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Practice Enables Successful Learning Under Minimal Guidance
journal contributionposted on 01.11.2009, 00:00 by Angela Brunstein, Shawn Betts, John R. Anderson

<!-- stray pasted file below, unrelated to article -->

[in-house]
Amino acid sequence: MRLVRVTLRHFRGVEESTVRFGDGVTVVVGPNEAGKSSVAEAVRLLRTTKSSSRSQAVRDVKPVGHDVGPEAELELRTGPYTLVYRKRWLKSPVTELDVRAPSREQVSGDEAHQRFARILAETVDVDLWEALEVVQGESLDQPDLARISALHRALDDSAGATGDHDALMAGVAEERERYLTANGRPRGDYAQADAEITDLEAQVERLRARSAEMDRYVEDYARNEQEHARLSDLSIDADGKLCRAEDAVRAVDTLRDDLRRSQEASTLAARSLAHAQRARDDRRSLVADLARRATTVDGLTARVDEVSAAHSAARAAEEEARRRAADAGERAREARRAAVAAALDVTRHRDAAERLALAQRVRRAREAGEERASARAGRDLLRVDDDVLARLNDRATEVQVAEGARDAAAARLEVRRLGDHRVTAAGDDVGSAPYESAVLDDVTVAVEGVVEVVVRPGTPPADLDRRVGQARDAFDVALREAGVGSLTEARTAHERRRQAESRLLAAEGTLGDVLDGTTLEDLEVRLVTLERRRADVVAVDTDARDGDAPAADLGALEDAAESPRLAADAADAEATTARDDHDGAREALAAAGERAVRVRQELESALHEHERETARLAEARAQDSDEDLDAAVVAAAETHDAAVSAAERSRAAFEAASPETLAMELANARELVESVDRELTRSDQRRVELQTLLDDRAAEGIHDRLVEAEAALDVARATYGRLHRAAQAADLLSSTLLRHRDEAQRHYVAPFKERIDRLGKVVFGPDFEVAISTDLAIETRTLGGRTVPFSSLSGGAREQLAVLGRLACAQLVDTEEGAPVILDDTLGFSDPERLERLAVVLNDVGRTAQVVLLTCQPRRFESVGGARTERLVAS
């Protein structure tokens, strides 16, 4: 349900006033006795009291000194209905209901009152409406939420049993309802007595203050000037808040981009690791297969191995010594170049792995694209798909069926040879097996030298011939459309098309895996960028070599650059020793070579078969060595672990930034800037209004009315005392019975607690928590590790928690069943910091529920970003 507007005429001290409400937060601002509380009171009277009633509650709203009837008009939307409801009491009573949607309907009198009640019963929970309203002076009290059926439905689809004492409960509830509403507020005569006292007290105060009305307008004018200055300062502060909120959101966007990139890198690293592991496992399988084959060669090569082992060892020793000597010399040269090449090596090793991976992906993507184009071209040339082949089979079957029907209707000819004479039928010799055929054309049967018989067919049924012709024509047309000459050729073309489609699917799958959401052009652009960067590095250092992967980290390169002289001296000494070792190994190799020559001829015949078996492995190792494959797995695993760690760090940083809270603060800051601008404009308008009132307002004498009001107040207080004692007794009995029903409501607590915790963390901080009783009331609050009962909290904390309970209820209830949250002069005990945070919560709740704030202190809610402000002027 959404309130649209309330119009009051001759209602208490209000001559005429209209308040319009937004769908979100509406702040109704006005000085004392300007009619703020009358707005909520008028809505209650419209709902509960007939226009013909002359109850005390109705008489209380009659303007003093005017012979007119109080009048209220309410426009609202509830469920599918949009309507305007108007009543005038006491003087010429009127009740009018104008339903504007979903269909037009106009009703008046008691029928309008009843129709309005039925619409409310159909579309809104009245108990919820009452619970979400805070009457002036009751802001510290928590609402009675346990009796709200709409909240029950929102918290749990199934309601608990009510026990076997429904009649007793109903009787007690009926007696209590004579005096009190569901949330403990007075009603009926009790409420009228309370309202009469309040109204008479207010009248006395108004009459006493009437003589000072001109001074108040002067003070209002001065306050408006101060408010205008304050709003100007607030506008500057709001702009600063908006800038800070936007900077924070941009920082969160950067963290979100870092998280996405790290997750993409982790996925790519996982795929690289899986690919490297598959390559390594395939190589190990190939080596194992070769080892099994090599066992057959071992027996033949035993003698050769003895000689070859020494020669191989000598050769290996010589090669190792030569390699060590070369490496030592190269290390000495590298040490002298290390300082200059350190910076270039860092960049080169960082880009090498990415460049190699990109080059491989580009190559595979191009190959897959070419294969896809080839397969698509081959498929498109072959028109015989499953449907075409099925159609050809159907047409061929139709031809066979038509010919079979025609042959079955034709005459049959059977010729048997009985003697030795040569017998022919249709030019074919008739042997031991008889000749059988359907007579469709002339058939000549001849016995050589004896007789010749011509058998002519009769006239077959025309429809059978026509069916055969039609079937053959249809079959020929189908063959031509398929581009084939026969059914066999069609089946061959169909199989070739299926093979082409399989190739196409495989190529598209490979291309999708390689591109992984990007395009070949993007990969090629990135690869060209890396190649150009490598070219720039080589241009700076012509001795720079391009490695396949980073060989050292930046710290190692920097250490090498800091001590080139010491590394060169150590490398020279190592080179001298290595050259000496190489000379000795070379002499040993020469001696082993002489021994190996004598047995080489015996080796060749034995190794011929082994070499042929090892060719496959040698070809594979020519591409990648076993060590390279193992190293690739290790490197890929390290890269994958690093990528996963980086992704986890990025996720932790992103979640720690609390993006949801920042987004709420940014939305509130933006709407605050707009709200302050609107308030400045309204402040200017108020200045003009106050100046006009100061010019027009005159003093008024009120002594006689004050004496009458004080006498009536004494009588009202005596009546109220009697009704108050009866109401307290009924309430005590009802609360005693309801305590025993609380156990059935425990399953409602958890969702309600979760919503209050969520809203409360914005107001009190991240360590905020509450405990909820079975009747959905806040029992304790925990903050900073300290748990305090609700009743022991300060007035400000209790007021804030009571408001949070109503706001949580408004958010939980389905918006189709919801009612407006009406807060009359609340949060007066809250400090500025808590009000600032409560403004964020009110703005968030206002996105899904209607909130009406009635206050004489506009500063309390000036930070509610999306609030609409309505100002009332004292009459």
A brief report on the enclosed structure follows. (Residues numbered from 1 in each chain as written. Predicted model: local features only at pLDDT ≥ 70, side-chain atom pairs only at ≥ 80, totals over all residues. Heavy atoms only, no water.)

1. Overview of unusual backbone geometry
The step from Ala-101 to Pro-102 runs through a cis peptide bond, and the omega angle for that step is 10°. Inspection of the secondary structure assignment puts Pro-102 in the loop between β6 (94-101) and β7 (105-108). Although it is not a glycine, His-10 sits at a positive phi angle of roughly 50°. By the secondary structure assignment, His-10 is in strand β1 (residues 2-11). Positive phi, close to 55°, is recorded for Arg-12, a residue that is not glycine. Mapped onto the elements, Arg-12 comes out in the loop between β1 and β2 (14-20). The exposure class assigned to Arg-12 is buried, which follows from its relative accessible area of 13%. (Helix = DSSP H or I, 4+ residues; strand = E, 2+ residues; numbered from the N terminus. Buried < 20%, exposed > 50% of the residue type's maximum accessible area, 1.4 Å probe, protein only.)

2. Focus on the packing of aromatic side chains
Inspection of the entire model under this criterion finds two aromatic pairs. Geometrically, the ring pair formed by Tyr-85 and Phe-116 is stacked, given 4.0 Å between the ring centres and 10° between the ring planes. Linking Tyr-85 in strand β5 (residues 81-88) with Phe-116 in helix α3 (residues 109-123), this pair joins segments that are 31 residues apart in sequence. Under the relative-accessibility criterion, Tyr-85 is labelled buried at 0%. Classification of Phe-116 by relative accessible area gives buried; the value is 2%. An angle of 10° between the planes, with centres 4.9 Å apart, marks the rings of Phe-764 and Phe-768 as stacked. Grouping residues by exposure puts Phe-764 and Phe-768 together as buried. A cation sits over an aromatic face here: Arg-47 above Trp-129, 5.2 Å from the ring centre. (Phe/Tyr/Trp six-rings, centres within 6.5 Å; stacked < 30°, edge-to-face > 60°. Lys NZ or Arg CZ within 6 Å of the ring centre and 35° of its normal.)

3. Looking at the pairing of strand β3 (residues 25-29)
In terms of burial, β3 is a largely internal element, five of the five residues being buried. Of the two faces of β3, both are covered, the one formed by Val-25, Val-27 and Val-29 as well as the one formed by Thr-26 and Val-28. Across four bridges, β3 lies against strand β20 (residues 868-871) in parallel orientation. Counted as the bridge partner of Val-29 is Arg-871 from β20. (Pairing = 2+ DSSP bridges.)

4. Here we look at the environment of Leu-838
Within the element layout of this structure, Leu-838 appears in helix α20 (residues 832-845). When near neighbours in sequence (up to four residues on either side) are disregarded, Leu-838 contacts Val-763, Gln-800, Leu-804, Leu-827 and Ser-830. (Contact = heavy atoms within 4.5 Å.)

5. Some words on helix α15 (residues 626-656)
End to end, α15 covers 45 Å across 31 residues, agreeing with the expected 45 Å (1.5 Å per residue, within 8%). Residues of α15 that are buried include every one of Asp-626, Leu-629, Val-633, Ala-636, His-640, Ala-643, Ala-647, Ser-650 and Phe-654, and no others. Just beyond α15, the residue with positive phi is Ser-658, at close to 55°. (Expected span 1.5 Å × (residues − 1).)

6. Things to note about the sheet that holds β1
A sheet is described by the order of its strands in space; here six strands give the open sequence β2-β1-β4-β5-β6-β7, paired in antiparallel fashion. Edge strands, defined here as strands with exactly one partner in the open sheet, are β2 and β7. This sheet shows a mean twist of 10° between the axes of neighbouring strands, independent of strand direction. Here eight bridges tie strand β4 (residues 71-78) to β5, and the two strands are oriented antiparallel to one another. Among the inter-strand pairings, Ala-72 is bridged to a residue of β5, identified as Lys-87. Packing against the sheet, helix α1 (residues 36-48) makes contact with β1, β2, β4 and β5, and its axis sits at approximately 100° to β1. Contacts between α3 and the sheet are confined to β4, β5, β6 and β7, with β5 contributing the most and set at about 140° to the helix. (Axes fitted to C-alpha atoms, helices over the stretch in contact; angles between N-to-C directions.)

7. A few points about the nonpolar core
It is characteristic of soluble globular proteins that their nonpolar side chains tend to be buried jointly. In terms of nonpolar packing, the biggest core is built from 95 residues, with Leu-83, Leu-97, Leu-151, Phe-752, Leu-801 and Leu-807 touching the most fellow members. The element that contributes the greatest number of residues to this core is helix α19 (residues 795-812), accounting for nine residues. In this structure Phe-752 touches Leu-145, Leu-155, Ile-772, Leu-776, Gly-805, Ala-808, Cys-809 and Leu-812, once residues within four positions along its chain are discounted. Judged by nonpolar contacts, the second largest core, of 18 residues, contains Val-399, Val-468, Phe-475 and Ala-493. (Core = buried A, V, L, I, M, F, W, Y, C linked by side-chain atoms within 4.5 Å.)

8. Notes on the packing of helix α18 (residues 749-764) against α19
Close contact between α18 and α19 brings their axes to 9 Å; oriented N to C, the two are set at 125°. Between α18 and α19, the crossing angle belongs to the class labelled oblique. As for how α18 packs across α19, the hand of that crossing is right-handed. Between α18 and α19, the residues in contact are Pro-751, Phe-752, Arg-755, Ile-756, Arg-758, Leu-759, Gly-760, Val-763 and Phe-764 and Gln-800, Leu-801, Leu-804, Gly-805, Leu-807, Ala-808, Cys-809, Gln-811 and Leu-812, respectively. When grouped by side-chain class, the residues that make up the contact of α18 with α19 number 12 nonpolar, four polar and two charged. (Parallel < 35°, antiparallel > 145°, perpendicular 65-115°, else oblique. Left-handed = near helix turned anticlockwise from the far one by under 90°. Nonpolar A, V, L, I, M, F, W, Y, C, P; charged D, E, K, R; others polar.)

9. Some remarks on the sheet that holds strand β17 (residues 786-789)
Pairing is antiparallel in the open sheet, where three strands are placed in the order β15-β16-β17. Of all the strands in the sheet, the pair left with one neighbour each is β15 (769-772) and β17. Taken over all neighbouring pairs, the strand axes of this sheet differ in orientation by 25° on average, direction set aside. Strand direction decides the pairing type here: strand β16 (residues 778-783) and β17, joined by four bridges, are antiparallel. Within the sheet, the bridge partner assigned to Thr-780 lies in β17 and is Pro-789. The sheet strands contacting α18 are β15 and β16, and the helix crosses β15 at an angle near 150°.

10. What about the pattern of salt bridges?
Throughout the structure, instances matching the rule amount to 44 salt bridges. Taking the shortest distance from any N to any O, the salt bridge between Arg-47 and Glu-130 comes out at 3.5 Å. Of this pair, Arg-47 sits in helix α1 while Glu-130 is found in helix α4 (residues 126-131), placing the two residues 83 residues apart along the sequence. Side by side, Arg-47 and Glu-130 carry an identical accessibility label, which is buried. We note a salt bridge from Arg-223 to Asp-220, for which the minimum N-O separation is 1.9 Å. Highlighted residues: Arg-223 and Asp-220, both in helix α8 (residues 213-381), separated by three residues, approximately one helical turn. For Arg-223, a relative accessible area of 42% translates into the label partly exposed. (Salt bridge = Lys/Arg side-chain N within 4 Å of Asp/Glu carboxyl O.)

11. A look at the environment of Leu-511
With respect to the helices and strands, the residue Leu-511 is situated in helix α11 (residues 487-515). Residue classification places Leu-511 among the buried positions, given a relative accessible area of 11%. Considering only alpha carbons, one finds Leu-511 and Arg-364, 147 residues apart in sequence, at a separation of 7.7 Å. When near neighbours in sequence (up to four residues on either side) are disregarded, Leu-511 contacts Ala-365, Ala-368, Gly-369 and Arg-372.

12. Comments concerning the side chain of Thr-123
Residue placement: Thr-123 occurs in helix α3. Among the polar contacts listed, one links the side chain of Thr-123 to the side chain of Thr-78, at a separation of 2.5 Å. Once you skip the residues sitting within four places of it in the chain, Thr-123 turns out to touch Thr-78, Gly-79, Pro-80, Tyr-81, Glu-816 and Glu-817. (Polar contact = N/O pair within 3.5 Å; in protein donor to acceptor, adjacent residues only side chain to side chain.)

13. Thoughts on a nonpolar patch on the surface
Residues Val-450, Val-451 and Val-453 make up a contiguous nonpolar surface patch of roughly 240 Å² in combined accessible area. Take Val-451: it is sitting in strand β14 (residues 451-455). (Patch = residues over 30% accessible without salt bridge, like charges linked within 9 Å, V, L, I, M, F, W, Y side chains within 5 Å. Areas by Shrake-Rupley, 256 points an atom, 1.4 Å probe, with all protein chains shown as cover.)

Two experiments were conducted, contrasting a minimally guided discovery condition with a variety of instructional conditions. College students interacted with a computer-based tutor that presented algebra-like problems in a novel graphical representation. Although the tutor provided no instruction in a discovery condition, it constrained the possible actions sufficiently that students could always discover the algebraic transformations they needed to learn. In Experiment 1, with ample practice for each new transformation, students performed better in the discovery condition than any instructional condition. In Experiment 2, with only a little practice for each transformation, students performed worst in the discovery condition. The authors suggest that the high levels of practice in the 1st experiment made students more efficient at discovering the algebraic transformations. When the cognitive demands were manageable, the discovery students may have more often encoded the algebraic transformations in mathematically correct ways.